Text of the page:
An emerging human tragedy as at least 208 people have now been killed in the Philippines by Typhoon Rai (locally known as Typhoon Odette). And that toll is expected to rise as emergency and armed services get to the communities in the central Philippines area hardest hit. There are fears widespread landslides and floods have probably claimed many more lives.
The typhoon made landfall in the archipelago last Thursday and spent the next two days rampaging through central islands. knocking out power and communications in entire provinces, blowing away ramshackle houses and causing widespread flooding with torrential rain.
Authorities admit that most of the central island’s commercial and cargo vessels are now unsuitable to be put into action, effectively cutting the region off from the rest of the country. Rescue teams describe scenes of “complete carnage”.
The typhoon, the strongest to hit the Philippines this year, almost immediately knocked out communications and power in the areas directly in the path of the west-moving storm, ripped off roofs, flush concrete power poles around like toothpicks and caused massive flooding.
The International Federation of Red Cross and Red Crescent Societies is launching an emergency appeal. They’re seeking US$22 million to fund long-term relief efforts. The chair of the Philippines Red Cross, Richard Gordon, told the BBC that volunteer teams are reporting “complete carnage in the coastal areas. Homes, hospitals, school and community buildings have been ripped to shreds”.
“Volunteers are on the scene giving out urgent help for people who have lost everything.”
Typhoon Rai (aka Odette) smashed into the Philippines on Thursday evening as the world’s worst super typhoon this year (it’s the 15th storm to hit the country this year) packing wind speeds of 195 kilometres (120 miles per hour).
300,000+ people fled their homes and the region’s beach towns resorts as the storm pushed through the southern and central regions. The storm has now cleared the Philippines and is located just east of central Vietnam off Nha Trang, veering north into the South China Sea, spotting just south of Hianan Island and then dissipating.
GRAPH: Philippine Atmospheric Geophysical & Astronomical Services
On the island of Bohol, off Cebu City, alone, mayors in the towns are reporting at least 63 people have died, pushing the official total up to 89. 10 people are still missing on the island, and 13 were injured.
An aerial survey of damage to parts of Bohol indicate widespread devastation.
The islands of Siargao, Dinagat and Mindanao islands, closer to the eastern coastline, also suffered heavy damage as the full impact of the storm made landfall. Tourists are still being evacuated from the islands today.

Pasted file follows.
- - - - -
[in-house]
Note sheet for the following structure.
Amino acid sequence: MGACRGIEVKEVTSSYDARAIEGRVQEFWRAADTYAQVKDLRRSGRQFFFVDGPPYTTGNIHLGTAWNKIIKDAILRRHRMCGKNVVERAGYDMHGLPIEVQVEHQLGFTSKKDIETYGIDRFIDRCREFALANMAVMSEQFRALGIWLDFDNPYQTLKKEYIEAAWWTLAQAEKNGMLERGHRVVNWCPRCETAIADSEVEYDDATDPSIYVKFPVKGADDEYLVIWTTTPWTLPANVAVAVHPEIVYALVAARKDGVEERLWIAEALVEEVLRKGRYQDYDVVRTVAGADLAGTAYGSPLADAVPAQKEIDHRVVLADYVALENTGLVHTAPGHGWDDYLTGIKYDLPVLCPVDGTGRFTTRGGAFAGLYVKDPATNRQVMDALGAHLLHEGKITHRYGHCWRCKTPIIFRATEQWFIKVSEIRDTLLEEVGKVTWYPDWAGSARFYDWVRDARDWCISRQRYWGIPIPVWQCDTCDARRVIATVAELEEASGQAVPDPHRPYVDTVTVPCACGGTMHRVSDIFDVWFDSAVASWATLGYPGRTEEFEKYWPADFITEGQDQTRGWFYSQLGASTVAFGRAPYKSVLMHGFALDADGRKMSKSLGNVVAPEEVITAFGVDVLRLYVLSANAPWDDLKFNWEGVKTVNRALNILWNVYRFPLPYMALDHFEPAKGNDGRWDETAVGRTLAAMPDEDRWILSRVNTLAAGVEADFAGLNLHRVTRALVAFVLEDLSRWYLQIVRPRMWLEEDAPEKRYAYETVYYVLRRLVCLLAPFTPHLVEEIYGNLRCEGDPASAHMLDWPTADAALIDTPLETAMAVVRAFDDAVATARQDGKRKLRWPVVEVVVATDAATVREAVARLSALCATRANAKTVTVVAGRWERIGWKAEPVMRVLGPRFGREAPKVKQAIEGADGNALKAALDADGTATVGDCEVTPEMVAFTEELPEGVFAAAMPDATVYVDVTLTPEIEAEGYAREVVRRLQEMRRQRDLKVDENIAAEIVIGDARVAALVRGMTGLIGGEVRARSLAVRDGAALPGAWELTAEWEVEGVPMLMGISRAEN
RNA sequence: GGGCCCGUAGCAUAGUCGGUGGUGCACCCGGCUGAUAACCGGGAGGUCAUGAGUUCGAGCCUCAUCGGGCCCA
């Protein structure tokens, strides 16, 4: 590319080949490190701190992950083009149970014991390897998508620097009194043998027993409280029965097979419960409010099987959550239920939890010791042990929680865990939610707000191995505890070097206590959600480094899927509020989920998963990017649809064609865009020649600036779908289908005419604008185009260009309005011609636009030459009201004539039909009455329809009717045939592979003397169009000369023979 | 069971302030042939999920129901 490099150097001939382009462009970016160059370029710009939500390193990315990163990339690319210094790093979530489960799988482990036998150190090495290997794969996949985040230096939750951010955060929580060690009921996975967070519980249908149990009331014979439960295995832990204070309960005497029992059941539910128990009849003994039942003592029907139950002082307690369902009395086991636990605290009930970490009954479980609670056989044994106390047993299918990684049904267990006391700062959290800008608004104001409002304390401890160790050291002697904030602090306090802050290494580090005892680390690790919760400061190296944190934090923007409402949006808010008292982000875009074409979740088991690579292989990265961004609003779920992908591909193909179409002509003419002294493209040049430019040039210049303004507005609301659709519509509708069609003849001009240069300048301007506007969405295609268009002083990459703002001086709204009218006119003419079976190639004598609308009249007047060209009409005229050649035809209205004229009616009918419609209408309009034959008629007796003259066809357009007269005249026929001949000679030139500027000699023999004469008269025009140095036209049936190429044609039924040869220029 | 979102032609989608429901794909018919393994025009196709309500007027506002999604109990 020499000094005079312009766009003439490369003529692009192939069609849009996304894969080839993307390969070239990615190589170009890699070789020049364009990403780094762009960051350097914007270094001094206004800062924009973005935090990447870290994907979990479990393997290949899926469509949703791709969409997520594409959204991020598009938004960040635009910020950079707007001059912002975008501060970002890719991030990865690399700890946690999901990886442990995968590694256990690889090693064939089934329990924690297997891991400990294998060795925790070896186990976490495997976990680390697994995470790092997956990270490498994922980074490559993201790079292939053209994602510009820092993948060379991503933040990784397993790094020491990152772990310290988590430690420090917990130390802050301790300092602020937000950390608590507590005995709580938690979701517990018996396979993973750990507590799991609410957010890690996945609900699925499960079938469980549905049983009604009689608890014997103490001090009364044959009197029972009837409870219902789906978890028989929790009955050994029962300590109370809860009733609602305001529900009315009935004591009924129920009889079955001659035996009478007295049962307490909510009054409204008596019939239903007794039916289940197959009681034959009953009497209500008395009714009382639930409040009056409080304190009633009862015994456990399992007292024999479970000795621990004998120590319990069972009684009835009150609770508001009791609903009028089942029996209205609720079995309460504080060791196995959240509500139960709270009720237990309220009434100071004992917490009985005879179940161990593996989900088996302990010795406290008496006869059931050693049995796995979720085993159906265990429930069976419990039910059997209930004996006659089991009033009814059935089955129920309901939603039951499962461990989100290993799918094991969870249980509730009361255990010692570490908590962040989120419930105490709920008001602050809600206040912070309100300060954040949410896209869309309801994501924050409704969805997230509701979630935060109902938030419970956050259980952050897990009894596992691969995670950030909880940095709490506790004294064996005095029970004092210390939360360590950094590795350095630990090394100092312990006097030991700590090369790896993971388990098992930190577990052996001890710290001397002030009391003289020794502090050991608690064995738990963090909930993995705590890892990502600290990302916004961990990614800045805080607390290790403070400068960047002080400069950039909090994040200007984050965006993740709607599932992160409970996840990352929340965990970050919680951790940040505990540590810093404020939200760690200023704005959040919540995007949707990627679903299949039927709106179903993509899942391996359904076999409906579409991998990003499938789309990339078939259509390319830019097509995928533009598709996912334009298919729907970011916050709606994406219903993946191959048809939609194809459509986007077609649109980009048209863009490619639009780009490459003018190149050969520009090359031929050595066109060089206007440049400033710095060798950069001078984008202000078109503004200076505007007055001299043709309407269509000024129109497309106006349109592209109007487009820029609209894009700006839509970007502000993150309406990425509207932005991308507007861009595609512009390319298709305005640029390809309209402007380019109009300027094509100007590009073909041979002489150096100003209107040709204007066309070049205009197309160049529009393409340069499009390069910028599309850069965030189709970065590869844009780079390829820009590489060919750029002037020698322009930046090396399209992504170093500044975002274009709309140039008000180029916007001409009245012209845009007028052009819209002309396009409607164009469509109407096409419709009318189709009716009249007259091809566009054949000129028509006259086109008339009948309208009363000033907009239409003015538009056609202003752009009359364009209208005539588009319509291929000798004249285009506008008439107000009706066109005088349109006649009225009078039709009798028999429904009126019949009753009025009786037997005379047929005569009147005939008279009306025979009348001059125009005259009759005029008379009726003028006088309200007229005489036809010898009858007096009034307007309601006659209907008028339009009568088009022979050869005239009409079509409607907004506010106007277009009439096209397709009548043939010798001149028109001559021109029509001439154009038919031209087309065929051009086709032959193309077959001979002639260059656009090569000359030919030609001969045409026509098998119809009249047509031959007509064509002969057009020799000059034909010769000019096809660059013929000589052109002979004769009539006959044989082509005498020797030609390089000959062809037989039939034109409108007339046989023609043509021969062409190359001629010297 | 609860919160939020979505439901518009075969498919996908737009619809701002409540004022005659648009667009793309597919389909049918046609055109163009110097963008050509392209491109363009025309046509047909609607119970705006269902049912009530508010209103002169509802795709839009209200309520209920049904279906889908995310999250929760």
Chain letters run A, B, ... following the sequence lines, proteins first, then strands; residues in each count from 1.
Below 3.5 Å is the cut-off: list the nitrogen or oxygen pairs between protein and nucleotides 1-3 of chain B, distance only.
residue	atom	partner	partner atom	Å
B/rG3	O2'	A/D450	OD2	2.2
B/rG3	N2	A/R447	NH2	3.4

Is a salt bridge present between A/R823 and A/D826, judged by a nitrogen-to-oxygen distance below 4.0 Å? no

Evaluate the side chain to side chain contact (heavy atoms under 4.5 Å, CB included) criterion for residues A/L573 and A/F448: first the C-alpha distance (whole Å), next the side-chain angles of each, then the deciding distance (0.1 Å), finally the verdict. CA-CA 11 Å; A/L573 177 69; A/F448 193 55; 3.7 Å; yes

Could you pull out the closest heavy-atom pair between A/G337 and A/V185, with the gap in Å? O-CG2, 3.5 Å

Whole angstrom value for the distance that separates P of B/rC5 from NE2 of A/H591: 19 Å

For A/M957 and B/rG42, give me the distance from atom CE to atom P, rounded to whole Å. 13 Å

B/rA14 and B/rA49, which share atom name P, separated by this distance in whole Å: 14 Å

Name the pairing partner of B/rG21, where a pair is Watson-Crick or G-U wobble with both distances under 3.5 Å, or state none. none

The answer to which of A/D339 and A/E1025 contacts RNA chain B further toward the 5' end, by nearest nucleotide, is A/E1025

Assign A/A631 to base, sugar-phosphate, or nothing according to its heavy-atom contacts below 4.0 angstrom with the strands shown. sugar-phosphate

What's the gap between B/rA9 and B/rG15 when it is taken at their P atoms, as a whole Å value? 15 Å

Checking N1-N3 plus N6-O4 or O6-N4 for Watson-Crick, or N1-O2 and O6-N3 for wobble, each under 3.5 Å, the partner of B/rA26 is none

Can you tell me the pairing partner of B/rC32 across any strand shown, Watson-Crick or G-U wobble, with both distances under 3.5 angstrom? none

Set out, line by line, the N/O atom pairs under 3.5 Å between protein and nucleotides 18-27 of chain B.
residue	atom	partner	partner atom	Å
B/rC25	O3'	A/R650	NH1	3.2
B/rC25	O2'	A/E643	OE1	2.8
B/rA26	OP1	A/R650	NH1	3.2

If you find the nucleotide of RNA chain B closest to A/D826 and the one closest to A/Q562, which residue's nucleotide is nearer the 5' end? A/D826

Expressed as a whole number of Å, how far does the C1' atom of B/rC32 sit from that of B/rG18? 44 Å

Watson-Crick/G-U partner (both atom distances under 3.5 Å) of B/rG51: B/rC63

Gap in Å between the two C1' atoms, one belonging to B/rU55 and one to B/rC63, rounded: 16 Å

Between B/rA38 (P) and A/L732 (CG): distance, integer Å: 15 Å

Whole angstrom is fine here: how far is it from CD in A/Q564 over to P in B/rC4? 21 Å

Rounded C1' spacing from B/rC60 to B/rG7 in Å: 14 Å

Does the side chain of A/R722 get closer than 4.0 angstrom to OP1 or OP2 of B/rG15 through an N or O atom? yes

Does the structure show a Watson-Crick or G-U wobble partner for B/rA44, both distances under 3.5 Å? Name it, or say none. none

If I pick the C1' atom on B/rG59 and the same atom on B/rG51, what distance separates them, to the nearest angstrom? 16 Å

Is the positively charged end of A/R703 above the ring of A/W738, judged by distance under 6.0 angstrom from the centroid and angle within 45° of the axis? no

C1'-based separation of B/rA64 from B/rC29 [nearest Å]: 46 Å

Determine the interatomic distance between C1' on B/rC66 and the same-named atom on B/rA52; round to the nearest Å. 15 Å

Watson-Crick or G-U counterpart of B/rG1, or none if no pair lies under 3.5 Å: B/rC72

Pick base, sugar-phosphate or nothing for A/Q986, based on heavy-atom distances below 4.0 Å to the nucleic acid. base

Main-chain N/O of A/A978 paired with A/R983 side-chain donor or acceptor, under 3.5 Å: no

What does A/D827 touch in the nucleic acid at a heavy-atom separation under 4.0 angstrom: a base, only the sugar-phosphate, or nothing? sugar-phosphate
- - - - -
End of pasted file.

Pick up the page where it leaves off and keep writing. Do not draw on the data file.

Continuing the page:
The Siargao town of General Luna, popular for surfers and holidaymakers, and already gearing up for a big Christmas holiday, has been shredded with with buildings stripped of their roofing and rubbish strewn around the streets.
In the neighbouring island province of Dinagat, the vice governor said yesterday that an estimated 95% of the island was “destroyed”.
“At least six people have been reported killed in the areas already reached by provincial authorities, but many parts of the province were still inaccessible.”
1000’s of military, police, the coast guard and emergency response personnel are being deployed to to help with the immediate search and rescue efforts. Meanwhile, Filipino President Rodrigo Duterte has ordered officials to direct urgent resources to help those in need.
Typhoon Rai’s wind speeds eased to 150 kilometres per hour (93mph) as it finished its path of destruction and headed west into the South China Sea, but it left a trail of torrential rain that has flooded villages, uprooted trees and blown over thousands of wooden structures that used to be homes.
In 2021, the first tropical depression formed in January and the first tropical cyclone named Dujuan (Auring) developed on February 16. So far this season, there have been 41 tropical depressions, 22 total storms, 9 typhoons and 5 super typhoons (an unofficial category used by the Joint Typhoon Warning Center for ‘extremely strong’ typhoons). A super typhoon is equivalent of a Category 5 hurricane.
Scientists continue to sound warnings that typhoons (cyclones and hurricanes – same thing) are becoming more powerful each year and will continue strengthen more rapidly, and frequently, as the world becomes warmer because of human-driven climate change.
The Philippines is hit by an average of 20 storms and typhoons every year, usually during the typhoon season between June and October. Super Typhoon Rai is both late and the hardest hitting of this year’s typhoons.
The death toll is expected to rise.
SOURCES: Al Jazeera, AFP, CNN, disasterphilanthropy.org